At a Florida beach house in the winter of 1948-49, a 27-year old grad school dropout drew lines in the sand and invented the barcode.
Norman Joseph Woodland, who died at the age of 91 in Edgewater, New Jersey on Dec. 8, his daughter told the Associated Press, has been credited along with Bernard Silver (1924-63) with inventing the series of machine-readable stripes that revolutionized retail and countless other industries. Bar codes now appear on billions of supermarket items, hospital utensils and military equipment — to name a few — around the world. About five billion barcodes are swiped a day, in 150 countries, according to the U.S. branch of the international barcode provider GS1.
Woodland was born in Atlantic City, N.J. and grew up during prohibition — the height of political boss Enoch “Nucky” Johnson’s power, as fictionalized in the HBO series Boardwalk Empire. During the Second World War he worked on the secretive the Manhattan Project, the military program which led to the development of the atomic bomb. While studying at what is now Drexel University, his friend Silver overheard a conversation in which a supermarket executive implored a university dean to develop a technology to archive product information, according to the New York Times.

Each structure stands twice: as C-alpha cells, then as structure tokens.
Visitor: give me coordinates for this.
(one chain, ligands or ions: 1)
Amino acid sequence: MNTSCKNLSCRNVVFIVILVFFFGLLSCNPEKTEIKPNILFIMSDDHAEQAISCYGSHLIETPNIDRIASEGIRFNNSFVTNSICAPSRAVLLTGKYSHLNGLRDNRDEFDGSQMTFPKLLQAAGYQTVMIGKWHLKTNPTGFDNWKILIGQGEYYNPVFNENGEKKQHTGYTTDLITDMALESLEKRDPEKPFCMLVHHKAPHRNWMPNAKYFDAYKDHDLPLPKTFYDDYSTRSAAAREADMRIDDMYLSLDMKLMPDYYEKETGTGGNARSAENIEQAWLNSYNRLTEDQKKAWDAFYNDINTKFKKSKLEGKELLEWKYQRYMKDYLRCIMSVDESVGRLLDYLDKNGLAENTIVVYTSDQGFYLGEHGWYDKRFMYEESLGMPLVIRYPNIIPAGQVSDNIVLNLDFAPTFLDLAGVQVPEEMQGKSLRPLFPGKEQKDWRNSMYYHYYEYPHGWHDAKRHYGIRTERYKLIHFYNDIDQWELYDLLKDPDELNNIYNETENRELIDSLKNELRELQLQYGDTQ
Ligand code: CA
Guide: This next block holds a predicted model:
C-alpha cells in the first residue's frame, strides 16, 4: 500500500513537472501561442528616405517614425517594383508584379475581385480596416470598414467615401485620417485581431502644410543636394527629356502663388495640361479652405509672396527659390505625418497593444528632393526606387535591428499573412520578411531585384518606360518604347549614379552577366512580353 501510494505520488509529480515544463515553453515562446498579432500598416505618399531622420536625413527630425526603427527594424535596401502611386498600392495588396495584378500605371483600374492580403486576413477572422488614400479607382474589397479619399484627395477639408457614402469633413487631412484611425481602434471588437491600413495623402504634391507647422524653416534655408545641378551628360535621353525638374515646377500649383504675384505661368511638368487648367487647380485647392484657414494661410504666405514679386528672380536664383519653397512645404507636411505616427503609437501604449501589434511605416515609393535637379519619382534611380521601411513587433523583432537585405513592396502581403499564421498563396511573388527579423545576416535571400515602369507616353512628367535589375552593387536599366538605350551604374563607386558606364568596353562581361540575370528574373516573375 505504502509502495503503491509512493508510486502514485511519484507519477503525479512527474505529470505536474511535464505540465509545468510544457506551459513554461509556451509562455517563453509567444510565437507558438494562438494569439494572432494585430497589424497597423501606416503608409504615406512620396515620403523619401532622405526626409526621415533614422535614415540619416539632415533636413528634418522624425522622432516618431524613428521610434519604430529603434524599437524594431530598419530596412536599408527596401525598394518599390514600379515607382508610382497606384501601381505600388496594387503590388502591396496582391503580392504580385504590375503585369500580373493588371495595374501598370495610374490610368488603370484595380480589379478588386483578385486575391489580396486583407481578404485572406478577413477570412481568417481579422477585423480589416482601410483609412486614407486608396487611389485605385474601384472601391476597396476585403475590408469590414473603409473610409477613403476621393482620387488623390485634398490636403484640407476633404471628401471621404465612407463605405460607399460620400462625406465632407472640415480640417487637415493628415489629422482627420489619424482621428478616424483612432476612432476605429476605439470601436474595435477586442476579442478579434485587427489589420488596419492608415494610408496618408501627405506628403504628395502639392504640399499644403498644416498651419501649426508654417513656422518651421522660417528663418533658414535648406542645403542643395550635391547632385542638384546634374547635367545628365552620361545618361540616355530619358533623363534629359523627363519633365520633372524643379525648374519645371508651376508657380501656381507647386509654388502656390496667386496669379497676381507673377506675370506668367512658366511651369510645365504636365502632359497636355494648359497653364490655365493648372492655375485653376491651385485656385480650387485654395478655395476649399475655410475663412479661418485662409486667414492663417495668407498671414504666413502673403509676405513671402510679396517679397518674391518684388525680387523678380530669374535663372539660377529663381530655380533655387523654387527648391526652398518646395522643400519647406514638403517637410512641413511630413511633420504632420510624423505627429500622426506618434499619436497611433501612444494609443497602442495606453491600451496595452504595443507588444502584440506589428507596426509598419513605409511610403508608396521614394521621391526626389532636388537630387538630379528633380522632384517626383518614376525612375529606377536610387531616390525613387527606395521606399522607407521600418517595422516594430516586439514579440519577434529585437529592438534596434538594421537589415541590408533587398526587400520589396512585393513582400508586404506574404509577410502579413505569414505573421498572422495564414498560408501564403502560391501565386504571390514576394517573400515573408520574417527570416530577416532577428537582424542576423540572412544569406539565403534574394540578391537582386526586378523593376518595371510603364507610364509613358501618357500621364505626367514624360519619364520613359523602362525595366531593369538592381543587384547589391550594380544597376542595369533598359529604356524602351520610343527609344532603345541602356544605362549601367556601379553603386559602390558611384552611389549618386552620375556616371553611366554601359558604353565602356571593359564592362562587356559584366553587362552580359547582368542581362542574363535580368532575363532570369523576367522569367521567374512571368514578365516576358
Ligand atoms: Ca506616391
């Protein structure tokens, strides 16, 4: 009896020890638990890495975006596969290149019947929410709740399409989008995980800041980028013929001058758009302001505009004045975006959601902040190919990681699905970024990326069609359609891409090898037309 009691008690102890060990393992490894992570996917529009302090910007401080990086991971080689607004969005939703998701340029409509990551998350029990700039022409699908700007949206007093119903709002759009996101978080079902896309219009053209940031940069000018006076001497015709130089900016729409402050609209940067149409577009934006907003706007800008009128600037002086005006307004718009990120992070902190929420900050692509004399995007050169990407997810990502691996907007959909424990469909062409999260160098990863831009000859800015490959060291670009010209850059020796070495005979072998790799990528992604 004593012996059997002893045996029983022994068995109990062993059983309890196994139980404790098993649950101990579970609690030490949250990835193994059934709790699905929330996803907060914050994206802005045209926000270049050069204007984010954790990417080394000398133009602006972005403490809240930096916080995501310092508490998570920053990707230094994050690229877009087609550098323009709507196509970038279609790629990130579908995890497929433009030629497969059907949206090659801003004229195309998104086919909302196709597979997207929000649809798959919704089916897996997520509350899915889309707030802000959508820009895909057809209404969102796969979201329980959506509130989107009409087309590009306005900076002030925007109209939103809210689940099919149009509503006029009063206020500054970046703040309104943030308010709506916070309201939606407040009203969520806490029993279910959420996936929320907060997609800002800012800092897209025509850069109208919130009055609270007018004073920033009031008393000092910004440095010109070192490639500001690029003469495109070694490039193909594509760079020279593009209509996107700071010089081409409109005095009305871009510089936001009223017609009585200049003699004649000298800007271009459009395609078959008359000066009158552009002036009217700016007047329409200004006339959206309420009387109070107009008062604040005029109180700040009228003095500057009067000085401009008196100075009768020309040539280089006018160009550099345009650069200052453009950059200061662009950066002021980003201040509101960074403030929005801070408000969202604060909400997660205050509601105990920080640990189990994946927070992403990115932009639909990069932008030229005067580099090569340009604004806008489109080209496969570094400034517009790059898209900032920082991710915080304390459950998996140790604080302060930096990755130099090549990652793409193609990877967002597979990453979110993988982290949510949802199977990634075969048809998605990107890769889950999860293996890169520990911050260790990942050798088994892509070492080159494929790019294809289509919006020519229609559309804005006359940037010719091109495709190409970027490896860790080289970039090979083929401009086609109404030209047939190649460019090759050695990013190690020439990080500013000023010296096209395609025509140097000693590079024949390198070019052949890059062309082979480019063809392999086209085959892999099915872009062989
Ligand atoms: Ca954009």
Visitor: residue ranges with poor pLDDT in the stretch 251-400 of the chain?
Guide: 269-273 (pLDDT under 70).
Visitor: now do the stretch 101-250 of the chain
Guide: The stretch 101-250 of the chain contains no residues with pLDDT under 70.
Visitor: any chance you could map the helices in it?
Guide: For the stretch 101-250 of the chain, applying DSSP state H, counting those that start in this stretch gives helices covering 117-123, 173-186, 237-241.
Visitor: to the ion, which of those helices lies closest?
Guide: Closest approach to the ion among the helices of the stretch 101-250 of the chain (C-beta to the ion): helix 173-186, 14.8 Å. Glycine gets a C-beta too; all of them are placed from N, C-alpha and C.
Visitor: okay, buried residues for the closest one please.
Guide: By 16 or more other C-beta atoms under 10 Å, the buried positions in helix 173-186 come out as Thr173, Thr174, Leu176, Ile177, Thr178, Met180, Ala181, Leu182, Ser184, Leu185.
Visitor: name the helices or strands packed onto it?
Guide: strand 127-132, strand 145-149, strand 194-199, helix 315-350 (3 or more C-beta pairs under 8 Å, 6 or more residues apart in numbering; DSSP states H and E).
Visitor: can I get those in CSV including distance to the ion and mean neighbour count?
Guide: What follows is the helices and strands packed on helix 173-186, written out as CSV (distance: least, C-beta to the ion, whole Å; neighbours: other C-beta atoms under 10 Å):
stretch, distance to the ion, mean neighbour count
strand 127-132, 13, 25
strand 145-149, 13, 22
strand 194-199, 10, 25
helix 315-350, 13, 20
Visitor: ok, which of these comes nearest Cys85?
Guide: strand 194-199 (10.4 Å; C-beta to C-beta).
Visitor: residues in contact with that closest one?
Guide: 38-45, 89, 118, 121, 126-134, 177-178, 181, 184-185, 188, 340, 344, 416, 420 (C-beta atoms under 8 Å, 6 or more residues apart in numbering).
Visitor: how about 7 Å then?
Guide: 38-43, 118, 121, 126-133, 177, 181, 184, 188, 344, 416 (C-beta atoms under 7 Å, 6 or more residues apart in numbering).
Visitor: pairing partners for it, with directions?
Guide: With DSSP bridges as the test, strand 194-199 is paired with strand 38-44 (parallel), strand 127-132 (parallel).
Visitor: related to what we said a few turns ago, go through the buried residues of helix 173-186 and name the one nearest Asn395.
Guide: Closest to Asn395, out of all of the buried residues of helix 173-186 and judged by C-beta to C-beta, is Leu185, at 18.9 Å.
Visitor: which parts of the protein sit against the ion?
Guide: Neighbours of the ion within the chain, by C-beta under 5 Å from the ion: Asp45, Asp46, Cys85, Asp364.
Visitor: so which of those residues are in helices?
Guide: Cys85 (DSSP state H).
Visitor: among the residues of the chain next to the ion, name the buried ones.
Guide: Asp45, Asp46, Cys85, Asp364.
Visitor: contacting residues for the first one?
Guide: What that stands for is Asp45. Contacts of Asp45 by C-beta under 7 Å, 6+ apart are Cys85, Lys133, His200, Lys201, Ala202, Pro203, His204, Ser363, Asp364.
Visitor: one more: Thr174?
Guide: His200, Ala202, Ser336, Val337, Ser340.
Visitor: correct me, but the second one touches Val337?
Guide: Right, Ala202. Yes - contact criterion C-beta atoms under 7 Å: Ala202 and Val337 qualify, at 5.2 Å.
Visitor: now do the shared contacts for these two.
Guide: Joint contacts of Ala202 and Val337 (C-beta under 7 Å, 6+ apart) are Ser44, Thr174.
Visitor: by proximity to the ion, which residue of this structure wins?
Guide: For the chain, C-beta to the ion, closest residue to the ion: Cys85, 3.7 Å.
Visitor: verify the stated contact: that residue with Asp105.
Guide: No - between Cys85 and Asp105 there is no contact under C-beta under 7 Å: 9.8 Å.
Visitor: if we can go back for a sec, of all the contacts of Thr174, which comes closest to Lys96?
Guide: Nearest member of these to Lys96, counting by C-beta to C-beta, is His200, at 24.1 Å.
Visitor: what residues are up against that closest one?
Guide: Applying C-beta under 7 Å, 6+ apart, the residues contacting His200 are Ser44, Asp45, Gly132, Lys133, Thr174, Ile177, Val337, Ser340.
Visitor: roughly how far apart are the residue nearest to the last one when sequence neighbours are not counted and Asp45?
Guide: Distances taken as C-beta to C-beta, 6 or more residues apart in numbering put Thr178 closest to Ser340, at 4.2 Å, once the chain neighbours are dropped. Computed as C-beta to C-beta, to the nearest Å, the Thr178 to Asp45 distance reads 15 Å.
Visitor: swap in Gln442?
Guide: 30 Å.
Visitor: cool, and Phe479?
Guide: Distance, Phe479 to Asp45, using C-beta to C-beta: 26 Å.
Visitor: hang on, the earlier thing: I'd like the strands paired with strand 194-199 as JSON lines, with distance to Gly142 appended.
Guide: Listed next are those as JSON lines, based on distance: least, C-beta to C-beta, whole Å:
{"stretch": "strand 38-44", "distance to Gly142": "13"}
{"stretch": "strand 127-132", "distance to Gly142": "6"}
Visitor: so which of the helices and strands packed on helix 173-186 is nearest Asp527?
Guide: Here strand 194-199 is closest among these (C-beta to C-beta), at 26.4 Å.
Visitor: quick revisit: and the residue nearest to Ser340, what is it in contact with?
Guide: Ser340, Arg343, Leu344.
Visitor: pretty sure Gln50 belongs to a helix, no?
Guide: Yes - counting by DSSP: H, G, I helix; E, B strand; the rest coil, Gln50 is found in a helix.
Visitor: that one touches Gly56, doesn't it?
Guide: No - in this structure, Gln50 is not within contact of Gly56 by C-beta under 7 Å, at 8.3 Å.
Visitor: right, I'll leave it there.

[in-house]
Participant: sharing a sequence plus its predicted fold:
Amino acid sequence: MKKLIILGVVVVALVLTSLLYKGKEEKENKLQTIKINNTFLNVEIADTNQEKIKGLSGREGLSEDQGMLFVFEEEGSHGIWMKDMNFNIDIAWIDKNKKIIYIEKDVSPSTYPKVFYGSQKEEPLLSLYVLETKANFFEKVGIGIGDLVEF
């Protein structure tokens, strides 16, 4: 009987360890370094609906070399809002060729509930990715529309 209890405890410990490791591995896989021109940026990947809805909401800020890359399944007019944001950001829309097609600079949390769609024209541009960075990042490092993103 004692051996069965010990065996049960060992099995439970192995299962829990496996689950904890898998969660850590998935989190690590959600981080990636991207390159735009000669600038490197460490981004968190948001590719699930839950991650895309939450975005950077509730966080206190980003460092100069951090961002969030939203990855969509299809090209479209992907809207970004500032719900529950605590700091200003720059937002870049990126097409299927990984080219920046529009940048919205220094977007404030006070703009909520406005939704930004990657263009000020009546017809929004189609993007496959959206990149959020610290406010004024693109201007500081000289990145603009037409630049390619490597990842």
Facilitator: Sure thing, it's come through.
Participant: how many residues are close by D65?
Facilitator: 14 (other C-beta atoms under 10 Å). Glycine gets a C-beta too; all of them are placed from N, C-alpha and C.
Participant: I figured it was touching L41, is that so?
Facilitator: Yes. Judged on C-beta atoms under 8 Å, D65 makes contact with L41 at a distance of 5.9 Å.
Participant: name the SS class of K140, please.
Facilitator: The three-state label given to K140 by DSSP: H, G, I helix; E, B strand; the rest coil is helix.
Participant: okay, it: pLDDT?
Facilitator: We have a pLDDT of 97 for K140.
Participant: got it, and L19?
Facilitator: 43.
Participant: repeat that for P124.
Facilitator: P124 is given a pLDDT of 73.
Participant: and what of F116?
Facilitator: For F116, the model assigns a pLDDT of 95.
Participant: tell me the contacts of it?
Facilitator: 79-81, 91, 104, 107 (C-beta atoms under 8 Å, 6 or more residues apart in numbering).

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Silver recruited Woodland and both left university to find a solution to the problem. In 1948 Woodland retreated to his grandparents’ home in Miami Beach, Florida for the winter. He tried to come up with a coding system inspired by the Morse Code he learned as a boy scout.
In 1999, he told Smithsonian magazine (according to the New York Times) how he came up with the barcode:
What I’m going to tell you sounds like a fairy tale. I poked my four fingers into the sand and for whatever reason — I didn’t know — I pulled my hand toward me and drew four lines. I said: Golly! Now I have four lines, and they could be wide lines and narrow lines instead of dots and dashes.”
He and Silver filed a patent in 1949, naming the invention “Classifying Apparatus and Method.” The two, unable to come up with a practical reading device, eventually sold their patent, obtained in 1952, for $15,000.
From 1951 to his retirement in 1987, Woodland worked at I.B.M., the company that would eventually develop the now omnipresent barcode in the ’70s. At 8:01 a.m. on June 26, 1974, a cashier scanner beeped at a Marsh Supermarket in Troy, Ohio, marking the first time a barcode was used. It was on a 10-pack Wrigley’s Juicy Fruit chewing gum, which is still on display at the Smithsonian Institution’s National Museum of American History.
In 1992, Woodland, was awarded the National Medal for Technology and Innovation, the highest U.S. honor for technological achievement, by President George H.W. Bush.
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